AFRICAN VIOLETS FOR AN AFRICAN QUEEN (or mothers and daughters)
I love flowers and when I browse the photos I have loaded on to Instagram so many of them are of flowers. All sorts. Flowers I have been given, from my garden, somebody elses garden, the footpath, magazine images, books….you name it I will find a flower to enjoy anywhere.
But the flower that seems to resonate the depeest with me is the African Violet. I grew up in the sub tropics. Land of sugarcane farms and verdant bush. Flowers were large and colourful. Bouganvillea, hibiscus what I now think of as holiday flowers. Fragile blossoms and annuals didn’t get a look in. So I think that is why the African Violet that Granny (yes she is back again this week) grew made such a distinct impression on me. Here were flowers that needed to be tended and their petals were small and fragile. She seemed to always have a collection on her kitchen window sill.
My mother was in hospital this week and when I went to visit her I stepped into a lift and there was someone else’s granny holding an African Violet. I turned to my Dad and said “Dad, looks there’s an African Violet. It reminds me so much of Granny” and then he tells me that Mum now has her very own African Violet that she was given and is now tending to. I wonder how long it will be before the traditions continues through the family?
It got me thinking about mothers and daughters. Seeing my mother so fragile and yet so brave and resilient at the same time this week made me look at her with fresh eyes. I saw a woman with courage as she faced uncertainty and I thought in how many different ways she has done that before. I saw her grace and courtesy towards the nursing staff and how she accepted their kindness when she was at her most vulnerable.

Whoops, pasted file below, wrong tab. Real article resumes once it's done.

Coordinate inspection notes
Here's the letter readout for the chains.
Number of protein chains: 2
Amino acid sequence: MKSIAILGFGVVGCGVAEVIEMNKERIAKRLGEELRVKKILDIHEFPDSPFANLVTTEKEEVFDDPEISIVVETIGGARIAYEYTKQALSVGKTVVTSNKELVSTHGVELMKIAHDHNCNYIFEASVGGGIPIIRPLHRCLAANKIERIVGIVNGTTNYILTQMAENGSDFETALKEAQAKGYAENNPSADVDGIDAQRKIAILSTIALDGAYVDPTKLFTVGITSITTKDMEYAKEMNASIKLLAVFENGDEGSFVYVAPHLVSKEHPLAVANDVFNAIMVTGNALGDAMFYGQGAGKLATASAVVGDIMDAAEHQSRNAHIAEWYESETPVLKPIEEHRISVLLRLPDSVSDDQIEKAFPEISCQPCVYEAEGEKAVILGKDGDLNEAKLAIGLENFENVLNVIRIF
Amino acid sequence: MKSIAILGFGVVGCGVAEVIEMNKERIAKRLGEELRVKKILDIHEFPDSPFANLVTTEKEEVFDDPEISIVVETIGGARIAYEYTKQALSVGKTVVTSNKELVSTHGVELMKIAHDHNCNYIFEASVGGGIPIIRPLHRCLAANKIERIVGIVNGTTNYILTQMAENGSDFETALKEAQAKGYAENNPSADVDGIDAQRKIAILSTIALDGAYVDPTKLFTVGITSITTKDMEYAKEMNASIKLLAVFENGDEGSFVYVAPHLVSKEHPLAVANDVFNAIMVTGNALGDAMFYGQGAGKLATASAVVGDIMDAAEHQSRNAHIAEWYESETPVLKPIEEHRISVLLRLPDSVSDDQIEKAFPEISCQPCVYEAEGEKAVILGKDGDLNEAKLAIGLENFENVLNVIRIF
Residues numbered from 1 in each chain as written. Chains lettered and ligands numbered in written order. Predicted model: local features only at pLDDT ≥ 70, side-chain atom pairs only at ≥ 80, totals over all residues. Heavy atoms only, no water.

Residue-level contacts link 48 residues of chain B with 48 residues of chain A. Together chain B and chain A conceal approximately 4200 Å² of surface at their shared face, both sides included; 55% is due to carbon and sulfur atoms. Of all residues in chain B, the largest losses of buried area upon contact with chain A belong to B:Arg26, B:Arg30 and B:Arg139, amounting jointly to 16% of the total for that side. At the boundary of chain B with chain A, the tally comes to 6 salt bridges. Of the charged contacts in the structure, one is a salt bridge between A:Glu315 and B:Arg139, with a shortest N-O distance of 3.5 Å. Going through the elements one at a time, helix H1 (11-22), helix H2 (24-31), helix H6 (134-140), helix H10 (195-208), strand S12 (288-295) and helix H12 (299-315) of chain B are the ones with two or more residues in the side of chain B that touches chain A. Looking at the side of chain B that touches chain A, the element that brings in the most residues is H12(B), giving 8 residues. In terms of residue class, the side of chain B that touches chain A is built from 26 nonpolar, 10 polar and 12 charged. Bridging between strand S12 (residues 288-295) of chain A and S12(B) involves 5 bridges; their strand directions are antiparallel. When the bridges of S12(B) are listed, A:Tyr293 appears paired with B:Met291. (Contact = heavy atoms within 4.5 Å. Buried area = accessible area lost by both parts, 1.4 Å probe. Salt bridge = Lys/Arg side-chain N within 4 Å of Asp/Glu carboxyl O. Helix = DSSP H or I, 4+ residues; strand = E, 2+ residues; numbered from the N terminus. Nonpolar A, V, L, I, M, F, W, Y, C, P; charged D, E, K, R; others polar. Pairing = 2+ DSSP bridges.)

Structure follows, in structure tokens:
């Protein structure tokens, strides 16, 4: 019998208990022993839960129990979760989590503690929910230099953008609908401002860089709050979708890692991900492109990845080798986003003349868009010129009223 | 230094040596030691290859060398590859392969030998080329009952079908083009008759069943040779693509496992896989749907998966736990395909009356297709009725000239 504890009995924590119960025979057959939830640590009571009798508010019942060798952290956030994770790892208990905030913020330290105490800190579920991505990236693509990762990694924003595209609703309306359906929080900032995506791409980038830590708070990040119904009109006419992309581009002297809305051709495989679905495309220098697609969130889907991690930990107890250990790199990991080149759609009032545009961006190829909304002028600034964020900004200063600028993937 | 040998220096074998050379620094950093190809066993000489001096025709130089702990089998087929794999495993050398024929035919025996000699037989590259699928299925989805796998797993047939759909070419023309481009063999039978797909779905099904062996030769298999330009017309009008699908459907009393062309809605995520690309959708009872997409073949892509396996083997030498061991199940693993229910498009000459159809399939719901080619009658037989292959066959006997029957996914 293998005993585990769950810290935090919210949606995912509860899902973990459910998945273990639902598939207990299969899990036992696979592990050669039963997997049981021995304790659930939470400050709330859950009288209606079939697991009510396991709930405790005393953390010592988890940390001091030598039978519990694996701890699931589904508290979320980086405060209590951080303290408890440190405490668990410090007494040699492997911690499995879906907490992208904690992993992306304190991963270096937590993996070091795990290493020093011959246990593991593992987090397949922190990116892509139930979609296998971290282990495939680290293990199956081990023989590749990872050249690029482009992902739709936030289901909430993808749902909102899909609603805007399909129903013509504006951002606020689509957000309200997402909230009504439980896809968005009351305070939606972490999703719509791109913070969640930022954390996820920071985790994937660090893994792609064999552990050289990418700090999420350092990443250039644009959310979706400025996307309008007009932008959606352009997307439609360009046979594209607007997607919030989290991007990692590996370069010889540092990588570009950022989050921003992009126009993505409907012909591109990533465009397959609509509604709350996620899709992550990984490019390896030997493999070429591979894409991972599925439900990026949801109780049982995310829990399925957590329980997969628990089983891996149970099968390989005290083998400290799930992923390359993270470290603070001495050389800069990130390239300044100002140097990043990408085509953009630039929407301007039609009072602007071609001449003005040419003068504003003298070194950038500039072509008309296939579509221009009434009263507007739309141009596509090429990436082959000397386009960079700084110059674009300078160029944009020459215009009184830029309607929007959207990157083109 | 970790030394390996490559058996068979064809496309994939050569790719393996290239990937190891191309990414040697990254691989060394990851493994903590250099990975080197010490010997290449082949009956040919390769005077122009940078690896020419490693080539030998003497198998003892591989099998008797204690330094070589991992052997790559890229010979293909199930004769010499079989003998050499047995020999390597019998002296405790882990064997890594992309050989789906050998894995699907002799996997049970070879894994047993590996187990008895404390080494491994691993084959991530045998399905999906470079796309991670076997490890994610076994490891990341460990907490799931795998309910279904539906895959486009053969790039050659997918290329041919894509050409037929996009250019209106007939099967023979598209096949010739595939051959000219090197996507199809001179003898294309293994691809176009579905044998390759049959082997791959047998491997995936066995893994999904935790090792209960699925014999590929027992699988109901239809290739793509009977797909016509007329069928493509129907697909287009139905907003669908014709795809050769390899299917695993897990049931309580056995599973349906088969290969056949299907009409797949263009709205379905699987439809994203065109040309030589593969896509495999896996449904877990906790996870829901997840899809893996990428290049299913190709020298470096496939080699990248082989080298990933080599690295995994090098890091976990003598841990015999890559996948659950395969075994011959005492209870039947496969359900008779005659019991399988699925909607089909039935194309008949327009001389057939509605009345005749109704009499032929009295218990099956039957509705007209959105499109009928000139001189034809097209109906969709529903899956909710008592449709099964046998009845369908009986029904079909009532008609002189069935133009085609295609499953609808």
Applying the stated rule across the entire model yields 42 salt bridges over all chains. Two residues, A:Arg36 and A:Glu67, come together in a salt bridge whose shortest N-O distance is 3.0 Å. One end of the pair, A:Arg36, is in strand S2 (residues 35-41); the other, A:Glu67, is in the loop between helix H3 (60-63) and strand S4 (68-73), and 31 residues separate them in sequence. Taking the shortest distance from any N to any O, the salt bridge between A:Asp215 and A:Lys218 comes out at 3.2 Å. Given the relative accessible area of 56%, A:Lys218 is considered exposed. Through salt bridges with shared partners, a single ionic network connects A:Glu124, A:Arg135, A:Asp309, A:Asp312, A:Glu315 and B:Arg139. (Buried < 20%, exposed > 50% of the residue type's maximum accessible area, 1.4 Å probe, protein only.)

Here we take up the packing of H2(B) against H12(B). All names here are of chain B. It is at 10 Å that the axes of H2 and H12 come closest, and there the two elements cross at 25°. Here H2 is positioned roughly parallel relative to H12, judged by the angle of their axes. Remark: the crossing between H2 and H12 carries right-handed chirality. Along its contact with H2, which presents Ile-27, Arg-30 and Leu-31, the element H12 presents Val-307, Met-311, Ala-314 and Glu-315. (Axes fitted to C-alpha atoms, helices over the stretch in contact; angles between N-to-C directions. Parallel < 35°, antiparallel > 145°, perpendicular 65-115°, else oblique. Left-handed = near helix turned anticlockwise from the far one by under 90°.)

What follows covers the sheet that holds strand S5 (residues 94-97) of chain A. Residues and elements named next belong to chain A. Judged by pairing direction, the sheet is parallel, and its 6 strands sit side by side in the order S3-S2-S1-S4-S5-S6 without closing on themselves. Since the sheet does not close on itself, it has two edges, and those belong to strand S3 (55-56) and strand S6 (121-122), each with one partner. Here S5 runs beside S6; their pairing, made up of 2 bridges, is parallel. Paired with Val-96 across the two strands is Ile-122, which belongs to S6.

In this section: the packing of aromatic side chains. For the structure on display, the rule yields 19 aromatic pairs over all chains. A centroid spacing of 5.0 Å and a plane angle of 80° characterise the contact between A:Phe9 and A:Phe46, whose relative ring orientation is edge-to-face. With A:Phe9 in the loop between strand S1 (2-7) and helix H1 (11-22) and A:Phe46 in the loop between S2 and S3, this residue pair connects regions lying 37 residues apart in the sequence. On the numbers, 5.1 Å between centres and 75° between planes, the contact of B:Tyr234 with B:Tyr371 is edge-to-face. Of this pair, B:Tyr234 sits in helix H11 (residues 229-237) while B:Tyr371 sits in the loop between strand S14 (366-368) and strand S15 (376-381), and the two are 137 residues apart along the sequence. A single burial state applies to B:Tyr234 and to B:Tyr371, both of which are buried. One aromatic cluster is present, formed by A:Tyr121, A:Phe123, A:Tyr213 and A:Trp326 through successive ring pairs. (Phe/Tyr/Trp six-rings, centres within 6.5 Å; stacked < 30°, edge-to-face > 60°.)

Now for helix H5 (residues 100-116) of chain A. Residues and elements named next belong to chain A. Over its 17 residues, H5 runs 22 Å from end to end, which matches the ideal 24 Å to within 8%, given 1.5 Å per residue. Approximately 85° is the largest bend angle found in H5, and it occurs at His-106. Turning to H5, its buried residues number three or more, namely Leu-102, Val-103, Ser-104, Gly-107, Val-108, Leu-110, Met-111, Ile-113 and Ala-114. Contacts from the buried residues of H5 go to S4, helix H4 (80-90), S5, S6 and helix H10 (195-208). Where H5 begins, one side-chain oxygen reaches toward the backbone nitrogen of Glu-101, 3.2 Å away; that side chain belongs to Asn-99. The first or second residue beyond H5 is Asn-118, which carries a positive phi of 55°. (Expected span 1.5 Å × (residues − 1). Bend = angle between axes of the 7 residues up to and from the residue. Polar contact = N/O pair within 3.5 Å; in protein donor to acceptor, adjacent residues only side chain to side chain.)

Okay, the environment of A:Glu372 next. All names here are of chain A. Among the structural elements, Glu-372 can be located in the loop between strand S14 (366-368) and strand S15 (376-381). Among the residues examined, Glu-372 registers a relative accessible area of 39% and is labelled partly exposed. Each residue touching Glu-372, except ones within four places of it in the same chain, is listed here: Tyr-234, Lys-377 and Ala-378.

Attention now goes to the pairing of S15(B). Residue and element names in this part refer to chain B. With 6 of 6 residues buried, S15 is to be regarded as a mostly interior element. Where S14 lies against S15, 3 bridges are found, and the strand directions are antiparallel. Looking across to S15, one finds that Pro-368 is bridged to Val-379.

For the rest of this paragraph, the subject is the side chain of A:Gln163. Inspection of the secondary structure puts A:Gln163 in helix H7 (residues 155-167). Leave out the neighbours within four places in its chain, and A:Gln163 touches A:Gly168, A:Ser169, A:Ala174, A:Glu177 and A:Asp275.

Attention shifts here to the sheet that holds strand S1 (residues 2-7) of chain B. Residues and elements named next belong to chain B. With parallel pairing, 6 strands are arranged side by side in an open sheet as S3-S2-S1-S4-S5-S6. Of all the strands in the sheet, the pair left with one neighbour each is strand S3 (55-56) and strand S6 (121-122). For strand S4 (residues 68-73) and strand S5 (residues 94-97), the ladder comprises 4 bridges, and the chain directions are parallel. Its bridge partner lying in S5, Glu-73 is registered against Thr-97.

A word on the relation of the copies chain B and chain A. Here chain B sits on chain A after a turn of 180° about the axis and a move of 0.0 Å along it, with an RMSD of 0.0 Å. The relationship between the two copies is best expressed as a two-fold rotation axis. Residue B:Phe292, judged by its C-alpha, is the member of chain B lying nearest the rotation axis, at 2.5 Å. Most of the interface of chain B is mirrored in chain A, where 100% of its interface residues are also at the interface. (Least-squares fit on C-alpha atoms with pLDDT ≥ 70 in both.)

When I think about the realtionships my friends and I have with our mothers it is clear that the bond between mothers and daughters is a deep and abiding one. Yet the day to day expression of that bond can be fractious and prickly. We see our differences, we wonder at the choices the other has made and in many instances have forogtten how to talk to each for fear of being judged.
I am a mother of a nine year old daughter and I wonder what she sees when she looks at me. I don’t show her my vulnerabilities because I want to be a rock for her as she navigates her way though childhood. Will I carry this ‘hiding’ on into our adult mother daughter relationship? Is this what our mothers have done to us?
When I was thinking of a title for this post African Queen seemed to balance with African Violet. African Queen is a movie from the 1950’s starring Humphrey Bogart and Katherine Hepburn. Googling around for a definition of queen I came upon this
A woman, or something personified as a woman, that is foremost or preeminent in any respect: movie queen; a beauty queen; Athens, the queen of the Aegean.
And I thought to myself how much easier it is to see someone else as more beautiful, more important, more entitled than us. I think we are blind to our own ‘queenliness’ as women. Those qualities of grace, courage and vulnerability I saw in my mother this week made her an African* Queen to me. (* my mum was born in Africa).
How do we acknowledge the ‘queenliness’ in ourselves, each other, our mothers and perhaps more importantly how do we gift this ‘queenliness’ to our daughters?
‘Queen’ Liska xx